Stalin can tie very similar to Mustafa Mund and Marx matches very well with the Helmholtz and the Savage. Mund is already a totalitarian ruler, which is the first point on how much Mund is like Stalin, but other things as well such as his oppression to the lower class (or at least an apparent oppression due to the fact that he uses eugenics to make the lower class physically different), no universal education, the propaganda, atheist values, and the cult around him. Mund was especially like Stalin was the mistreatment and generalization of workers. Stalin sees the lower class as scum. Mund would not like it one bit. When doing experiments, he says that "only Epsilons can make epsilon sacrifices" (Huxley 192). He never liked the Epsilons. Mund explains how he forces people to work "seven and a half hours of milk, unexhausting labour" (Huxley 197) and then gives them propaganda drugs to keep them happy. The cult built around a central figure is still present, where all the words that would be a "God" are Ford or Freud. His positive view of class system, how there is a hierarchy of people and the people below are less important and built less well. Mund continues this debate explaining how people are happier with religion and that people do not need religion. His atheistic ideas and how people do not need religion to experience suffering makes him very "Stalinistic".

The Savage and Helmholtz see it another way though. During the debate, they see that education should be available for all. He questions why reading is prohibited, why education is prohibited. He is angry at the fact that people are being changed for who they are before they are even born. He questions "Why don’t you make everyone Alpha Doubles" (Huxley 195). The Savage questions the equality placed by Mund. He heavily refuses Mund. The Savage always asks questions on why Mund does the things he does. The working conditions of them men who are being controlled through a very ‘soft terror’, the drugs and the ethics on religion are both the major topics of discussion between Mund and the Savage. Helmholtz has realized that he wants to be punished because the island has no strict government. Everybody can learn and think and everybody is fair unlike in England where there the lines are defined too much. He desired Marxism because of the over control of totalitarianism in England. The Savage heavily disagreed with the ethics of religion and inevitability. The Savage knows God helps people suffer, that God is "the reason for everything noble and fine and heroic" (Huxley 209). The Savage also thinks that God is natural, instinctive. He also mentions instinct when talking about the working conditions of the Epsilons. He calls them "awful work" (Huxley 197). He does not like the way the workers are being mistreated and knows they’re unhappy. He knows they might one day attack back.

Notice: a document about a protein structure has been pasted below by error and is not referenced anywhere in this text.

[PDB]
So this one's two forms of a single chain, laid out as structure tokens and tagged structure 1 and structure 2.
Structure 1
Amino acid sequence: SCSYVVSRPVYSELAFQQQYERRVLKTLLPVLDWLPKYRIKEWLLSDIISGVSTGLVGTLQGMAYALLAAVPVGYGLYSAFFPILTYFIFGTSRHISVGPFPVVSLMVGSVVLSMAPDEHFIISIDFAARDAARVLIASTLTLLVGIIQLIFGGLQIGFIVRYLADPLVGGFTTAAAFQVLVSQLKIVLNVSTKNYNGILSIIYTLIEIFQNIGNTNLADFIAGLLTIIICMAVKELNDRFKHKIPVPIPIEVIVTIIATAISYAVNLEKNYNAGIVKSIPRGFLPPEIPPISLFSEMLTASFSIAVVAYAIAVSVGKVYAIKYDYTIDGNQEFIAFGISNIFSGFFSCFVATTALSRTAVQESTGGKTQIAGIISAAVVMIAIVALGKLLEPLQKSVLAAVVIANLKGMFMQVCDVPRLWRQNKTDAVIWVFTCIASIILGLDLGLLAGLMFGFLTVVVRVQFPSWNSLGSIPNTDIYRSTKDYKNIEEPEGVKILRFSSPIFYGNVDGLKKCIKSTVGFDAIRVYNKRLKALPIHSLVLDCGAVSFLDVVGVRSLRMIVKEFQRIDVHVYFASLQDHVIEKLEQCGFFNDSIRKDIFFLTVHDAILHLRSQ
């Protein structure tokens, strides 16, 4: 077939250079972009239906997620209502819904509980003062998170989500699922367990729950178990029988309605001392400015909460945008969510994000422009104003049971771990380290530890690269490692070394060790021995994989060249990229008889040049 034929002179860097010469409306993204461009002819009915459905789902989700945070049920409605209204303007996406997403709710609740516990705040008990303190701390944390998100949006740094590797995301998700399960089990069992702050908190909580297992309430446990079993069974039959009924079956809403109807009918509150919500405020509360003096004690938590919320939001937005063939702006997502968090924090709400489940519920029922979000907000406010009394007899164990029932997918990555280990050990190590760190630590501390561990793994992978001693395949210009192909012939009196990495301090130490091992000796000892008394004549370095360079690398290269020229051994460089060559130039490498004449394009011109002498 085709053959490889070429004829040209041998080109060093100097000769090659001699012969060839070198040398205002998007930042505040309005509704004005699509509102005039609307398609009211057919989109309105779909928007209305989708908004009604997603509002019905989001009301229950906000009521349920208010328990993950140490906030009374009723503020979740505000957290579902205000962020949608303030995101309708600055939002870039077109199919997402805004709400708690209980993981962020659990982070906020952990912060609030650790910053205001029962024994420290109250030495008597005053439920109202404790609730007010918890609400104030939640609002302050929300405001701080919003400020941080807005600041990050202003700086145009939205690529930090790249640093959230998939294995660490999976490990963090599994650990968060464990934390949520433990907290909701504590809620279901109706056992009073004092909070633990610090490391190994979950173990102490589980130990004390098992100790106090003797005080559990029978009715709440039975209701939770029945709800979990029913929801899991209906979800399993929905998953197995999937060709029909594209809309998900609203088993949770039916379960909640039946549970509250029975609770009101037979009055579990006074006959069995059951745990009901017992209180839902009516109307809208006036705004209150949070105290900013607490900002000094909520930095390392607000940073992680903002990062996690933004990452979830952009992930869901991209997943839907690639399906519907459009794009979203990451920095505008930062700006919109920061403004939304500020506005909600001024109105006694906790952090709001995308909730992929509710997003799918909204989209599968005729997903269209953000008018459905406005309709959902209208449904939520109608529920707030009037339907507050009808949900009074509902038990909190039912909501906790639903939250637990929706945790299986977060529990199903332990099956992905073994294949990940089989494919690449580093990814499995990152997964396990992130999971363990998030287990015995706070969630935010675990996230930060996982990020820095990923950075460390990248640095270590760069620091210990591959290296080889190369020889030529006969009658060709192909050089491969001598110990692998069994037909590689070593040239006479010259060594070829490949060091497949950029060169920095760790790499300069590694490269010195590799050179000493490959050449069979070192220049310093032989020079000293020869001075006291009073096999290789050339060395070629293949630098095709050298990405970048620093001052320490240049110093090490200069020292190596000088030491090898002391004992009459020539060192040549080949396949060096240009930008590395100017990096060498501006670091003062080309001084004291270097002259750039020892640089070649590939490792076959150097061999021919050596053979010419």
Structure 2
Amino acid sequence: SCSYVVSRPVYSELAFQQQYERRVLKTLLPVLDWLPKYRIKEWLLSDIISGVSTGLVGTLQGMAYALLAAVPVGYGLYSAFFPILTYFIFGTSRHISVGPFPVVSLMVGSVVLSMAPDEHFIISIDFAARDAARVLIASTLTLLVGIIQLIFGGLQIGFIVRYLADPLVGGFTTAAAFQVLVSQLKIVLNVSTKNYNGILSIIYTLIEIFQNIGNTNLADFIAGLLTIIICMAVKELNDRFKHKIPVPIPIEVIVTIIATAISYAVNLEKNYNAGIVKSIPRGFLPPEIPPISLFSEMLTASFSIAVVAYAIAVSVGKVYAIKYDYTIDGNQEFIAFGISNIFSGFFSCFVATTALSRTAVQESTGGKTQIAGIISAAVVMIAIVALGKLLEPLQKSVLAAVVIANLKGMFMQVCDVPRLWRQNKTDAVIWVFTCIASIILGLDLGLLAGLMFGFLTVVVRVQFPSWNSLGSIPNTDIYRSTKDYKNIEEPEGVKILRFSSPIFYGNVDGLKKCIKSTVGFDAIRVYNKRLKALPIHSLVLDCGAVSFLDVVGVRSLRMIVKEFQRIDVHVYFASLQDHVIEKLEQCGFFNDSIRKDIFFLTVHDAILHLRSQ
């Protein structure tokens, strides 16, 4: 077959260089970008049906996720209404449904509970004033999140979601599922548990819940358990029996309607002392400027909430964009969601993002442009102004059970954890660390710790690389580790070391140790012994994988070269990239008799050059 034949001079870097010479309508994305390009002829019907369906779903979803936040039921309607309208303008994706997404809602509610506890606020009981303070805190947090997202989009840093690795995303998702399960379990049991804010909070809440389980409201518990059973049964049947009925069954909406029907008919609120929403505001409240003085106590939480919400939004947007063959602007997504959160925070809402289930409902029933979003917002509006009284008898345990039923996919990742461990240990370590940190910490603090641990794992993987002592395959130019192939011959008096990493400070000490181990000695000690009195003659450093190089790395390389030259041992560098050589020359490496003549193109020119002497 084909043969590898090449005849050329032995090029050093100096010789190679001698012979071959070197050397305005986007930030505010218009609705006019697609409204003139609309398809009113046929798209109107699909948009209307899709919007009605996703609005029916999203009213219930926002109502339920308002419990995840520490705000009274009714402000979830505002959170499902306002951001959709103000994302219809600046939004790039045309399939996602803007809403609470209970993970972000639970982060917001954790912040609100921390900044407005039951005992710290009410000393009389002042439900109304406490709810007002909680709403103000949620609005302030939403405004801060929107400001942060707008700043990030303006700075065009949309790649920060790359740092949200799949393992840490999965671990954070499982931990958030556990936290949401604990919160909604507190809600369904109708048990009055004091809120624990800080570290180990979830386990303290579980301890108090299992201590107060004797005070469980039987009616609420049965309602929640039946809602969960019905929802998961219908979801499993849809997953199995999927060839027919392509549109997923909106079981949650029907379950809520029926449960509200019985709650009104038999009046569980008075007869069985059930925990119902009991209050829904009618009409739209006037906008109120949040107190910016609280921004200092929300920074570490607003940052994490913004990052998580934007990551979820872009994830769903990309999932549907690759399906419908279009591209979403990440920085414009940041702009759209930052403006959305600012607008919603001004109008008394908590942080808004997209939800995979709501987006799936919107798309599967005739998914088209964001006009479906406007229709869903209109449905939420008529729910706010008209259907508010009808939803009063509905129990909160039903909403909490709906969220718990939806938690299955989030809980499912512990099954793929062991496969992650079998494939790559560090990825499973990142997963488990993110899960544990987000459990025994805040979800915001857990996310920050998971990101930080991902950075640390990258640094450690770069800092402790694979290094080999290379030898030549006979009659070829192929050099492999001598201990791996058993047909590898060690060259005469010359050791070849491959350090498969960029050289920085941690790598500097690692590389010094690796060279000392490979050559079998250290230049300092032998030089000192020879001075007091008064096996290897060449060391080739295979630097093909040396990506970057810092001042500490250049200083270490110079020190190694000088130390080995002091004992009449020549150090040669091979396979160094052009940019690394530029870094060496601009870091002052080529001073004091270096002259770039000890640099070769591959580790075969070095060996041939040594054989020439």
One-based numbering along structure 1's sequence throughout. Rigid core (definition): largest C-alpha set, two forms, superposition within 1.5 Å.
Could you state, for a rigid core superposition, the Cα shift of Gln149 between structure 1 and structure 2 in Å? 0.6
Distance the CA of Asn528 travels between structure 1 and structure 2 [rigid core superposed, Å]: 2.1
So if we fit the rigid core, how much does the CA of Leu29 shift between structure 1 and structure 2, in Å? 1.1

For many years, people have been debating whether or not communism or democracy was correct. But this is not a communism versus democracy battle but a communism versus communism. Both forms are very much different from each other. Humans can understand their culture immediately when they hear the word "communist". They either hate it to your blood or are extremely happy to see some country folk. But for many years, communism was seen as a threat to the world and very scary. It was, but only the ones that did it wrong. Human culture knows how well people work and Marxist ideas seem to make people the happiest. Of all countries that seem like communist countries, Sweden is a surprising member. They are not communist, but their ideas came closest to Karl Marx. Sweden is the third happiest country in the world. Humans are always trying to find answers to happiness, and this is one huge example on how humans try to find it through the way they run their government. The world tends to lean towards Marx rather than Stalin, but they do not even know that is it communism.

The world is changing. Slowly, the world may look like that of Brave New World, and if it does, people will have to choose. Will the Savage, or the Ford himself, Mustafa Mund succeed. The Savages’ guidance with Marxism and Mund’s debate on Stalism caused a huge debate at the end of the book, which happens every day when dealing with communism. The world is changing, and people may be taking the lead to something they do not know is important. They want change and happiness, so if a scenario will have to happen, who will go behind the scenes and pluck the chickens.